Triglyceride levels in the blood are a crucial factor in assessing cardiovascular health. The normal range for fasting triglyceride levels typically falls below 150 milligrams per deciliter (mg/dL) of blood. Triglyceride levels between 150 mg/dL and 199 mg/dL are considered borderline high. 

While not classified as high, these levels may indicate an increased risk of cardiovascular disease, especially when combined with other risk factors. Triglyceride levels of 200 mg/dL or higher are considered high and are associated with an elevated risk of cardiovascular disease. 

Extremely low triglyceride levels (below 50 mg/dL) may not necessarily be dangerous, but they could raise concerns. There is not a lot of research on low triglycerides driving disease, but it may be noteworthy in cases of chronic disease. Very low levels can be associated with conditions like malnutrition, hyperthyroidism, or certain genetic disorders.

How to Lower Triglycerides

Elevated triglyceride levels can be a significant concern for cardiovascular health, and addressing them is crucial in reducing the risk of heart disease.

Conventional Medicine Approach to Lowering Triglycerides

The conventional medicine approach to lowering triglycerides recognizes the importance of lifestyle and dietary modifications as primary treatment methods. Additionally, medications such as statins and fibrates are commonly prescribed to target elevated triglyceride levels. Nutritional changes are emphasized, including the reduction of simple carbohydrates, especially sugars such as fructose and glucose, as well as the limitation of saturated and trans fats found in processed foods. Conversely, increasing the intake of omega-3-rich foods, like fatty fish, is recommended. 

Enhancing insulin sensitivity through calorie control, increased exercise, and weight management all have a significant effect on lowering triglyceride levels. Lifestyle adjustments, such as moderating alcohol consumption and quitting smoking, are integral components, as excessive alcohol and smoking are associated with elevated triglycerides and cardiovascular risks.

A Root Cause Medicine Approach to Lowering Triglycerides

The root cause medicine approach to lowering triglycerides takes a holistic perspective, aiming to address the underlying factors contributing to elevated triglyceride levels rather than merely treating symptoms. Functional medicine practitioners conduct thorough assessments to identify underlying factors contributing to elevated triglycerides. This may include assessing insulin resistance, hormonal imbalances (e.g., thyroid function), gut health, and genetic predispositions.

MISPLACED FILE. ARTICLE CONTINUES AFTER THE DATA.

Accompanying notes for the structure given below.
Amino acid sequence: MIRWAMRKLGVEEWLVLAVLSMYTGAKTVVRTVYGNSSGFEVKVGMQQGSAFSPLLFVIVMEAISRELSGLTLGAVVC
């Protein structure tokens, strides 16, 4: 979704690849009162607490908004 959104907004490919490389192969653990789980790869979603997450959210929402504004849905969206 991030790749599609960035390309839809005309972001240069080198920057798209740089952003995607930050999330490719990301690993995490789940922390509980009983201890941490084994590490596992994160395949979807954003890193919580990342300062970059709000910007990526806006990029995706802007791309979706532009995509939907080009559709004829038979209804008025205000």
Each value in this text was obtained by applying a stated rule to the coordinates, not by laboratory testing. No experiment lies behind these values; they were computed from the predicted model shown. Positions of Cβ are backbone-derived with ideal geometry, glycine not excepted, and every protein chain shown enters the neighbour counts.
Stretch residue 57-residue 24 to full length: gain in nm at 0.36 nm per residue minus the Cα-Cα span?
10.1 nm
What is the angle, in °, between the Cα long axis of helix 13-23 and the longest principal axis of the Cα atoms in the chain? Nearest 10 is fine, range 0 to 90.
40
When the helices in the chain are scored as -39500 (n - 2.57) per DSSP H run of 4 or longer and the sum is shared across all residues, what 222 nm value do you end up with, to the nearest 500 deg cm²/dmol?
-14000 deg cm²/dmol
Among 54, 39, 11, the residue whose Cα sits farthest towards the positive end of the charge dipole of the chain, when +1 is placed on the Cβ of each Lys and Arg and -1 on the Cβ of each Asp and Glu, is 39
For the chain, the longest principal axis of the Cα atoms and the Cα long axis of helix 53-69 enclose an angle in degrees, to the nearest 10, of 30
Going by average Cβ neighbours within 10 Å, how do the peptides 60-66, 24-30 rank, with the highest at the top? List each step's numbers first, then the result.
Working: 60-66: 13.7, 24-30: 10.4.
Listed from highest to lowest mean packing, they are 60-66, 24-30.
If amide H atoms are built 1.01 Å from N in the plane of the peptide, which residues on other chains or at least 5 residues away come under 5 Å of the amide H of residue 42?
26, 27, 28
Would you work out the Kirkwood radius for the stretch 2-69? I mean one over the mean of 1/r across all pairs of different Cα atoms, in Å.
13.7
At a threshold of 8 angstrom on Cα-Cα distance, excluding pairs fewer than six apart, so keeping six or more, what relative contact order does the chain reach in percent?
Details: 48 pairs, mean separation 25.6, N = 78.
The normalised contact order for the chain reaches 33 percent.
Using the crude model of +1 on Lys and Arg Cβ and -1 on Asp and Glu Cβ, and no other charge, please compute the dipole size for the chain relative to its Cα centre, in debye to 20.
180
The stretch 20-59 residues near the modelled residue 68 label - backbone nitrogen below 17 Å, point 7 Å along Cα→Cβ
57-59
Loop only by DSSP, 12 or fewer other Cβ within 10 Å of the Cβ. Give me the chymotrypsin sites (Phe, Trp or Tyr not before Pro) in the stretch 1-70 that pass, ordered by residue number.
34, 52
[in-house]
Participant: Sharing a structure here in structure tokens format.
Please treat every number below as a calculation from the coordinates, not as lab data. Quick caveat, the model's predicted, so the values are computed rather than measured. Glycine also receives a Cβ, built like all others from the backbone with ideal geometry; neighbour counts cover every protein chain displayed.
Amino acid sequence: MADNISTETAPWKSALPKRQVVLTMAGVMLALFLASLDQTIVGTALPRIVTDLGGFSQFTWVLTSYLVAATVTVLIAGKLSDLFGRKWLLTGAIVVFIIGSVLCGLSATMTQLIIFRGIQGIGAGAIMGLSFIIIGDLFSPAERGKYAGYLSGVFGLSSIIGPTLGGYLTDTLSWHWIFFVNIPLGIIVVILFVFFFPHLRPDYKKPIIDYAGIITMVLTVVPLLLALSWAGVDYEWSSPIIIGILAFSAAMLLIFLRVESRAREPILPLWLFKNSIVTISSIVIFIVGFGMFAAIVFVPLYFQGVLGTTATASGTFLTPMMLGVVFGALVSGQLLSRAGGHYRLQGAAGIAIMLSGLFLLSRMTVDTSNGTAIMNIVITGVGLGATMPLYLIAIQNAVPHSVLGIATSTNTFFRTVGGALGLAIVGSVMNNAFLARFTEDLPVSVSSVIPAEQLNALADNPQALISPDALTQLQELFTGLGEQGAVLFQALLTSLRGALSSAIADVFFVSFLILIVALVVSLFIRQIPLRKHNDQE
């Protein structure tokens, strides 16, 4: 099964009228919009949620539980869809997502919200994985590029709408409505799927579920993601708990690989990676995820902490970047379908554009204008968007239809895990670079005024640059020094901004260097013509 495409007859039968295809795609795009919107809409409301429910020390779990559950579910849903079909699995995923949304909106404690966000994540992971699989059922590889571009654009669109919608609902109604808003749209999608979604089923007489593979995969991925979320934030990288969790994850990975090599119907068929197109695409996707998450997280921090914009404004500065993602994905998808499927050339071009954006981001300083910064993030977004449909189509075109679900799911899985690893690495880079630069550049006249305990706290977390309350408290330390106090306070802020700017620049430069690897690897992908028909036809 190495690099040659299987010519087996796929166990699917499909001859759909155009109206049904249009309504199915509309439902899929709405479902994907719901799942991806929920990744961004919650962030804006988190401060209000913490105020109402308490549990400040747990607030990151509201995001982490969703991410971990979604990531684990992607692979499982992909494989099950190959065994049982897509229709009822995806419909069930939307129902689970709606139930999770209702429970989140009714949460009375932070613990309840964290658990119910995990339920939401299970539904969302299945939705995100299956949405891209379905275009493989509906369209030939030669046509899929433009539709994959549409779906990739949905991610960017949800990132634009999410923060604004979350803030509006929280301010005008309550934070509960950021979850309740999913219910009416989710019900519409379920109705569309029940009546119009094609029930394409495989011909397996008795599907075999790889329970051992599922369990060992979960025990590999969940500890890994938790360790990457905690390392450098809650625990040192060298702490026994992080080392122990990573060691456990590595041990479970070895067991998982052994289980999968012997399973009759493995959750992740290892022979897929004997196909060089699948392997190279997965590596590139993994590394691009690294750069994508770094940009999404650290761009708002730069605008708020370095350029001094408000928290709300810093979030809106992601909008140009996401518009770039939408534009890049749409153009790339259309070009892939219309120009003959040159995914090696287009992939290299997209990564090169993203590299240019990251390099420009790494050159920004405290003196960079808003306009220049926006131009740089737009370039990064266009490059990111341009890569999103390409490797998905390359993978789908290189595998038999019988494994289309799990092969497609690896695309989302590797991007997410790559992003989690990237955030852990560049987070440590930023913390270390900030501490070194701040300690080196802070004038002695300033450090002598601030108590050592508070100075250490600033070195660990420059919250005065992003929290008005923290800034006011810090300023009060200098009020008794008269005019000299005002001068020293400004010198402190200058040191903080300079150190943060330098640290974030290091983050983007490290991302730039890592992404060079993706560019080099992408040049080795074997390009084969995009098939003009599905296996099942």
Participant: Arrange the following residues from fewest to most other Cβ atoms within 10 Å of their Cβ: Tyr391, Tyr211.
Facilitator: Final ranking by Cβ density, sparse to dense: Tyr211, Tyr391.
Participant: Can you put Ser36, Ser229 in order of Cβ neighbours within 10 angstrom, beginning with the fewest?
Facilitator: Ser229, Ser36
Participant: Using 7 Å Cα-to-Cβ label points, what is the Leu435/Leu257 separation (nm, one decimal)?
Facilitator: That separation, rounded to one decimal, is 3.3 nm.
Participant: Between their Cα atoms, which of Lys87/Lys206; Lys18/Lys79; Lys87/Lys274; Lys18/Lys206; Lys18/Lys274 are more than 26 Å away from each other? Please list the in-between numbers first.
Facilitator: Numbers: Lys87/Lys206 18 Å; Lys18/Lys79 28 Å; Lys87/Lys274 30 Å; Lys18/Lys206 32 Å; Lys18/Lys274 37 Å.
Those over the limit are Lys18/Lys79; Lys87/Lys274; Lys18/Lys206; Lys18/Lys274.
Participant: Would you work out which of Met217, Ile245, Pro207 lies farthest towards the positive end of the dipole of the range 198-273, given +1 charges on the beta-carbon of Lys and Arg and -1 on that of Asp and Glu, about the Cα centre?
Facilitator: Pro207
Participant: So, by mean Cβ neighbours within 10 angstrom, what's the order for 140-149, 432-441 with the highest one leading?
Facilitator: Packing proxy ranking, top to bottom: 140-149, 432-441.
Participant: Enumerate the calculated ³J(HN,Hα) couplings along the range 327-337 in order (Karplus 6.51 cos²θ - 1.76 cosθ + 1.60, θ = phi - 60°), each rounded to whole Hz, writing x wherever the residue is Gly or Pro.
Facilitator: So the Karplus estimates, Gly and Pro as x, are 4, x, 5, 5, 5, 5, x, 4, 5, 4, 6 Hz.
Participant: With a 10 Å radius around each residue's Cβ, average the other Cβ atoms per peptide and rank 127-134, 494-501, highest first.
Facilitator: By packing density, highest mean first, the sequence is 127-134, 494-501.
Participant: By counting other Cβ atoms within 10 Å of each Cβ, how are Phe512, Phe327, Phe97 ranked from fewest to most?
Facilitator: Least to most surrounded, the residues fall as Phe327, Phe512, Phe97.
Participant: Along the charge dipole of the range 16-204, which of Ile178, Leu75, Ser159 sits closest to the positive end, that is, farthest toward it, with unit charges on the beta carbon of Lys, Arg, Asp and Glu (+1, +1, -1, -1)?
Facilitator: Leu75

Individualized treatment plans are then developed to address these specific root causes.

Dietary modifications form the cornerstone of triglyceride management. Patients should be encouraged to adopt a whole-food, nutrient-dense diet tailored to their needs. The emphasis is on reducing processed foods, refined carbohydrates, and added sugars, all of which can lead to elevated triglycerides. Fiber-rich foods, such as fruits, vegetables, and whole grains, are promoted to stabilize blood sugar levels and improve lipid profiles.

Certain supplements have effectively lowered triglycerides when combined with dietary changes and exercise. Garlic is recognized for its anti-lipidemic properties, helping reduce total cholesterol, LDL, and triglyceride levels. Fenugreek extract, known for its ability to balance blood sugar and support insulin sensitivity, can also impact triglycerides positively. Additionally, a combination of Red Yeast Rice and Nattokinase is favored for its ability to break down fibrins in the blood, reduce clotting, and lower cholesterol, LDL, and triglycerides. Last but not least, evidence in support of the ability of omega-3 fatty acids to reduce triglyceride levels is consistent and robust.

Regular physical activity is also integral to triglyceride management. Stress management techniques, such as mindfulness, meditation, and relaxation practices, should be integrated into the treatment plan to address stress as a root cause of unhealthy lipid levels. A well-rounded fitness routine should be tailored to individual fitness levels and preferences, including aerobic exercises, strength training, and flexibility exercises.


How to Lower Your Patient's Triglycerides Using Root Cause Medicine

Recognizing the multifaceted role of triglycerides in the body underscores the importance of managing high triglyceride levels to prevent metabolic and cardiovascular diseases. For healthcare practitioners, this knowledge forms the basis for advising patients on lifestyle modifications, dietary interventions, and, when necessary, pharmacological treatments to manage triglyceride levels effectively.

Root cause medicine addresses elevated triglycerides using a holistic approach, focusing on symptom management and identifying and treating underlying causes such as poor diet, physical inactivity, and genetic factors. This comprehensive strategy enhances patient outcomes by lowering triglyceride levels, improving overall metabolic health, and reducing cardiovascular risk.

The information provided is not intended to be a substitute for professional medical advice. Always consult with your doctor or other qualified healthcare provider before taking any dietary supplement or making any changes to your diet or exercise routine.